Matignon assessed, after a meeting between the Prime Minister and the leaders of the two public companies on Wednesday afternoon, that the strike had cost them a total of more than a billion euros so far.
On the 42nd day of strike against the pension reform project proposed by the government, the latter spoke of the “Significant financial consequences” mobilization. In a press release issued Wednesday, January 15, Matignon indicated that the strike had so far cost an amount “Close to 200 million euros for the RATP and around 850 million for the SNCF.”
These indications follow a series of talks held in the afternoon between Prime Minister Edouard Philippe and Catherine Guillouard, the boss of the RATP, as well as with Jean-Pierre Farandou, the CEO of the SNCF .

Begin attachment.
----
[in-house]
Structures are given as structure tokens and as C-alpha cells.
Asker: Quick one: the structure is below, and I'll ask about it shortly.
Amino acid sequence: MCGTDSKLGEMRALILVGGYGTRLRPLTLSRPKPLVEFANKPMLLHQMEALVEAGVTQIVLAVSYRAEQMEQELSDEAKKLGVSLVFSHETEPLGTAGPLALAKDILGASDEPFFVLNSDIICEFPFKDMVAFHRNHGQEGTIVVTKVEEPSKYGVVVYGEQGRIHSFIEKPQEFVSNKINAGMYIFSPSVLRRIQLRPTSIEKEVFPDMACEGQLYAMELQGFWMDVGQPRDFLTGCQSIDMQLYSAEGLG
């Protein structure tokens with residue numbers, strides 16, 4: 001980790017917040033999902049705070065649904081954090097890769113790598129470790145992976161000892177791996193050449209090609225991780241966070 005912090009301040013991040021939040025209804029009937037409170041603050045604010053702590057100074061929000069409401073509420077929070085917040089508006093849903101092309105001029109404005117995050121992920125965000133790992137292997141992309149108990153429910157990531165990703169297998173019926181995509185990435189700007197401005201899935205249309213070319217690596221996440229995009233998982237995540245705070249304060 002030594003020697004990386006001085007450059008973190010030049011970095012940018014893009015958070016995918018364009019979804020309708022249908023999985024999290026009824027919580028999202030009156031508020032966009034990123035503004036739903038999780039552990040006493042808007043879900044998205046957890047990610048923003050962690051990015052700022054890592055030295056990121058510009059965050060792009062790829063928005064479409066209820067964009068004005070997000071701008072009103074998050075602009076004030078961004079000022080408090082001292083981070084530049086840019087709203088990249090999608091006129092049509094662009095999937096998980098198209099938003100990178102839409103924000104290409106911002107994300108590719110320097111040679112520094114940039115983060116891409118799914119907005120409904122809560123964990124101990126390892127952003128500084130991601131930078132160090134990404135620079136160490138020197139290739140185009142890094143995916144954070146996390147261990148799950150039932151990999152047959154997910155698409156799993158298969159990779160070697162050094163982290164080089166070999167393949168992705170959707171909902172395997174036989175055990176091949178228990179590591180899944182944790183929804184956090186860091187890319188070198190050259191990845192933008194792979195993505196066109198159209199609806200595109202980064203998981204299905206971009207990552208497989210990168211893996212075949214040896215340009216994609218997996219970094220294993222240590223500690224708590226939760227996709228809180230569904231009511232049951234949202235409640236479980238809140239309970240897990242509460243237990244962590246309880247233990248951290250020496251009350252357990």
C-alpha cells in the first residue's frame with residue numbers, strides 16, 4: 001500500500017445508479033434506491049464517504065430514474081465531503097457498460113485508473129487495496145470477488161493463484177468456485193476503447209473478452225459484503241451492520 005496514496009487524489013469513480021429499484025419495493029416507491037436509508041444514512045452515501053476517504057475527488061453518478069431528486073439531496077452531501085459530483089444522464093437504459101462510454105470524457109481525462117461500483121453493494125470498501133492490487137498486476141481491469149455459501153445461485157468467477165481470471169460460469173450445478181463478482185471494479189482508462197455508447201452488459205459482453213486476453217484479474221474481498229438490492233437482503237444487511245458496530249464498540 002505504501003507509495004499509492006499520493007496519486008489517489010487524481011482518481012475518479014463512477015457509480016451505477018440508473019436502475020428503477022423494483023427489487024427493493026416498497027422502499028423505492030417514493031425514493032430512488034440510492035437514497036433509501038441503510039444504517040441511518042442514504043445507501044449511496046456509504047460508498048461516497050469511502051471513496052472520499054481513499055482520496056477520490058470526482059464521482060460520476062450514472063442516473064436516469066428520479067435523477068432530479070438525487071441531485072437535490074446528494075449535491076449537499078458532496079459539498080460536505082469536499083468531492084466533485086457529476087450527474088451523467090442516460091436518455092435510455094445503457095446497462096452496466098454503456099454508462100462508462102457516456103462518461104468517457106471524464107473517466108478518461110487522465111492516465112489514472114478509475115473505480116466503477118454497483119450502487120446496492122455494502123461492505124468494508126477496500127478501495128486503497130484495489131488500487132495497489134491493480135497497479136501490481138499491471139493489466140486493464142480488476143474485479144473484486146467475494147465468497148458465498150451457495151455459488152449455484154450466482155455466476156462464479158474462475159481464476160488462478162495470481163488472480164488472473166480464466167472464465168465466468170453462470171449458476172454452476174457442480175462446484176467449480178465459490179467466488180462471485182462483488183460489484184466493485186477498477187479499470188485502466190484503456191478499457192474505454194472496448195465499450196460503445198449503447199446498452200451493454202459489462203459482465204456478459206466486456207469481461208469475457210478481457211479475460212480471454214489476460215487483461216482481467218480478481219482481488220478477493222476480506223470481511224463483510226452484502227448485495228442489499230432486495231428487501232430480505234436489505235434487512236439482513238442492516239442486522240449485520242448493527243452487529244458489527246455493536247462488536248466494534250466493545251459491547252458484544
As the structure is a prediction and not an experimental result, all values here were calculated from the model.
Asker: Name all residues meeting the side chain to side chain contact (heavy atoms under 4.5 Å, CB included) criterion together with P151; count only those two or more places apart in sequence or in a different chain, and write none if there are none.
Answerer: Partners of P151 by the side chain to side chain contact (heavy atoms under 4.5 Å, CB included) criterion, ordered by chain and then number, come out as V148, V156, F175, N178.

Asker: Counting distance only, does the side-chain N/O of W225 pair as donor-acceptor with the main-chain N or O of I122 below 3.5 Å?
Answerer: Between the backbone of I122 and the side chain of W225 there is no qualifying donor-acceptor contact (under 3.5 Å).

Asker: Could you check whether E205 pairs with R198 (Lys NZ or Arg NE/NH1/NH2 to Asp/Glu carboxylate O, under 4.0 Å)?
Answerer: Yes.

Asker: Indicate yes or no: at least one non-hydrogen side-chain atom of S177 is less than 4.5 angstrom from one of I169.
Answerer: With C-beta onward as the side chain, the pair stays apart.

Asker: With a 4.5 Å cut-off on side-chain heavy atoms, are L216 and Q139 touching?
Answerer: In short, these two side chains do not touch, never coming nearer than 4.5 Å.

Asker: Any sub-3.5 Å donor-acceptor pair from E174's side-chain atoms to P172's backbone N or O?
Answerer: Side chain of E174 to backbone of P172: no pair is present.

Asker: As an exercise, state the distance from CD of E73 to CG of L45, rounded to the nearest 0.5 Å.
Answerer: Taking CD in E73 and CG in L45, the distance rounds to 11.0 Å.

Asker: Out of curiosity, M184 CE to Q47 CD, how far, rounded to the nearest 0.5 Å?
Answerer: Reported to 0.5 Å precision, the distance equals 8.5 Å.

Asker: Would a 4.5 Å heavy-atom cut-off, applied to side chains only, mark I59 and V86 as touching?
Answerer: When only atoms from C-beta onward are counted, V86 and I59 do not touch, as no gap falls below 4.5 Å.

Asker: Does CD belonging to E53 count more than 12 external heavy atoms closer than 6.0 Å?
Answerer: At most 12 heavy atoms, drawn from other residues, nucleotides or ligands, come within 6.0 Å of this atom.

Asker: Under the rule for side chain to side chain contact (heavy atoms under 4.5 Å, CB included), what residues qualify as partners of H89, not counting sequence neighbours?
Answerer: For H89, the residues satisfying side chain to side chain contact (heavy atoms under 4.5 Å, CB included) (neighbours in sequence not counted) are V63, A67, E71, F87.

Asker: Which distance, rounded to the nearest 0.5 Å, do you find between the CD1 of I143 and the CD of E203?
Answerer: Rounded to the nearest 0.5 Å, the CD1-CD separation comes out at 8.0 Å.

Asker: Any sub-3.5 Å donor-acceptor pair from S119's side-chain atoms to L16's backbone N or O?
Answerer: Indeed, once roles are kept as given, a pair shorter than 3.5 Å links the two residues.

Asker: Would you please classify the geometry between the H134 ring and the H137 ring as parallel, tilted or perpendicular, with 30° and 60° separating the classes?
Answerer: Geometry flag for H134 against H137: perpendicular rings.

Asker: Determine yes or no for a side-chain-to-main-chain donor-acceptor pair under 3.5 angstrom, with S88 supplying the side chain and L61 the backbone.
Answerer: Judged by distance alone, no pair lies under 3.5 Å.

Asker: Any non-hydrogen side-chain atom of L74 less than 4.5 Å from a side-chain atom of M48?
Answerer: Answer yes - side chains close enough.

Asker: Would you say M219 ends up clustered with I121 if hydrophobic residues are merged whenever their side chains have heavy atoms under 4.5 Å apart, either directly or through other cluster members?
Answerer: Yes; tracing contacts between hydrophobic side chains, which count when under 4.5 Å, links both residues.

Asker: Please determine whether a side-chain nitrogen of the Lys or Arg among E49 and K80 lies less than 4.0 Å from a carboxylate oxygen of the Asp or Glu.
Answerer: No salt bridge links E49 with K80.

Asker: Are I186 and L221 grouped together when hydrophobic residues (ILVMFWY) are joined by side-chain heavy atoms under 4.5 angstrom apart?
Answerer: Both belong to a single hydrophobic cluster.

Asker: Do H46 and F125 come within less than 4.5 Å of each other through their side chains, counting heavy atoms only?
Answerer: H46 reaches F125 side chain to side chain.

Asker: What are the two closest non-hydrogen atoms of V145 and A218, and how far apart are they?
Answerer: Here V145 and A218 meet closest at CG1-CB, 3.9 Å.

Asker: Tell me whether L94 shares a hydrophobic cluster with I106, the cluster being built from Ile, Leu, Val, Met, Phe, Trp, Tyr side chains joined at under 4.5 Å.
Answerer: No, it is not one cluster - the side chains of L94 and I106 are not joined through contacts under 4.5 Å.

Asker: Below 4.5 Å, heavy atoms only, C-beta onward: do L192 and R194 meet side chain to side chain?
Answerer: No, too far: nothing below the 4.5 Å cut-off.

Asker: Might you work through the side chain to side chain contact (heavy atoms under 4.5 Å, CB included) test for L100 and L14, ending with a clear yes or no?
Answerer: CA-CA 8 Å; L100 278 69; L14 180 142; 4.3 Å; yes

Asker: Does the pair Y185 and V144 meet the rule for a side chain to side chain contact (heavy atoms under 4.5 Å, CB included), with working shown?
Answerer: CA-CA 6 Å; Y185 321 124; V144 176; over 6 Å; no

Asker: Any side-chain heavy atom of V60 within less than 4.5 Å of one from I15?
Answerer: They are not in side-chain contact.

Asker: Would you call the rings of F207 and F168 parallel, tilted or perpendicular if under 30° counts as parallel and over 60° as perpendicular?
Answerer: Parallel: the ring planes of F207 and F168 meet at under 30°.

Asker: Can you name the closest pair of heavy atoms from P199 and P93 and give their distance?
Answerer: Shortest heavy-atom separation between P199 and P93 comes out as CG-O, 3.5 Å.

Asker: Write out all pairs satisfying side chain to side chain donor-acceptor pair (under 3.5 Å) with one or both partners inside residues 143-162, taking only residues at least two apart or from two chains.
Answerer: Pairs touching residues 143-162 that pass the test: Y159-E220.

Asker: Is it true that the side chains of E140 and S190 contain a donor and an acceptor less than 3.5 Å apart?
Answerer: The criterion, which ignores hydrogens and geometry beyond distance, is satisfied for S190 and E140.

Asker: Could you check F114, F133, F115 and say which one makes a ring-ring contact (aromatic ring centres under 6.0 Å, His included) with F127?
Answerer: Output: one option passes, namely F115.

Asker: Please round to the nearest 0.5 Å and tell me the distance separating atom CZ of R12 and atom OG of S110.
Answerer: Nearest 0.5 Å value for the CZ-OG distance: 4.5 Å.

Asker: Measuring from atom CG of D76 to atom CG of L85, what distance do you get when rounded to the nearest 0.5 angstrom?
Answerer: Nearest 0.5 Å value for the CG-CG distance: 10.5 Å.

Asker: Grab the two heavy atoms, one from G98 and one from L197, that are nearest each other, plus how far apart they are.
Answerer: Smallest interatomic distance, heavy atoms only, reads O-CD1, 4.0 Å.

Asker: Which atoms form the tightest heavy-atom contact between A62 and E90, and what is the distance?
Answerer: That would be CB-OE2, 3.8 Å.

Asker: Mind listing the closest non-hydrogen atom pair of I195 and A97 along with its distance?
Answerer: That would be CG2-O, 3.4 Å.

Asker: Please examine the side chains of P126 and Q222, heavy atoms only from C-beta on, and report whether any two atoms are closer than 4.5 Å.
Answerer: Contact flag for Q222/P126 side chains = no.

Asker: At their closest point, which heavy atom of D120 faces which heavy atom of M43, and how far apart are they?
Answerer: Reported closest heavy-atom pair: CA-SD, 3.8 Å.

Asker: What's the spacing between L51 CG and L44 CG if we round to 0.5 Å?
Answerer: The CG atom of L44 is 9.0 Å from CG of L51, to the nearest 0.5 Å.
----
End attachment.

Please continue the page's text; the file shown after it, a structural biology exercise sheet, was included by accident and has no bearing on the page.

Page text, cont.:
The transport strike “too long”, says the Prime Minister
Earlier in the day, Édouard Philippe ruled that the strike at SNCF and RATP was “sans issue” and had “That too lasted”.
Thursday, SNCF plans to run 90% of its TGV and 80% of TER on Thursday. The rate of strikers fell on Wednesday to 4.7%, close to the lowest reached on Monday (4.3%), and about one in five drivers concerned. In Paris, the subways will also run better, with normal traffic on three lines, two of which are automatic, and all the lines open but disrupted.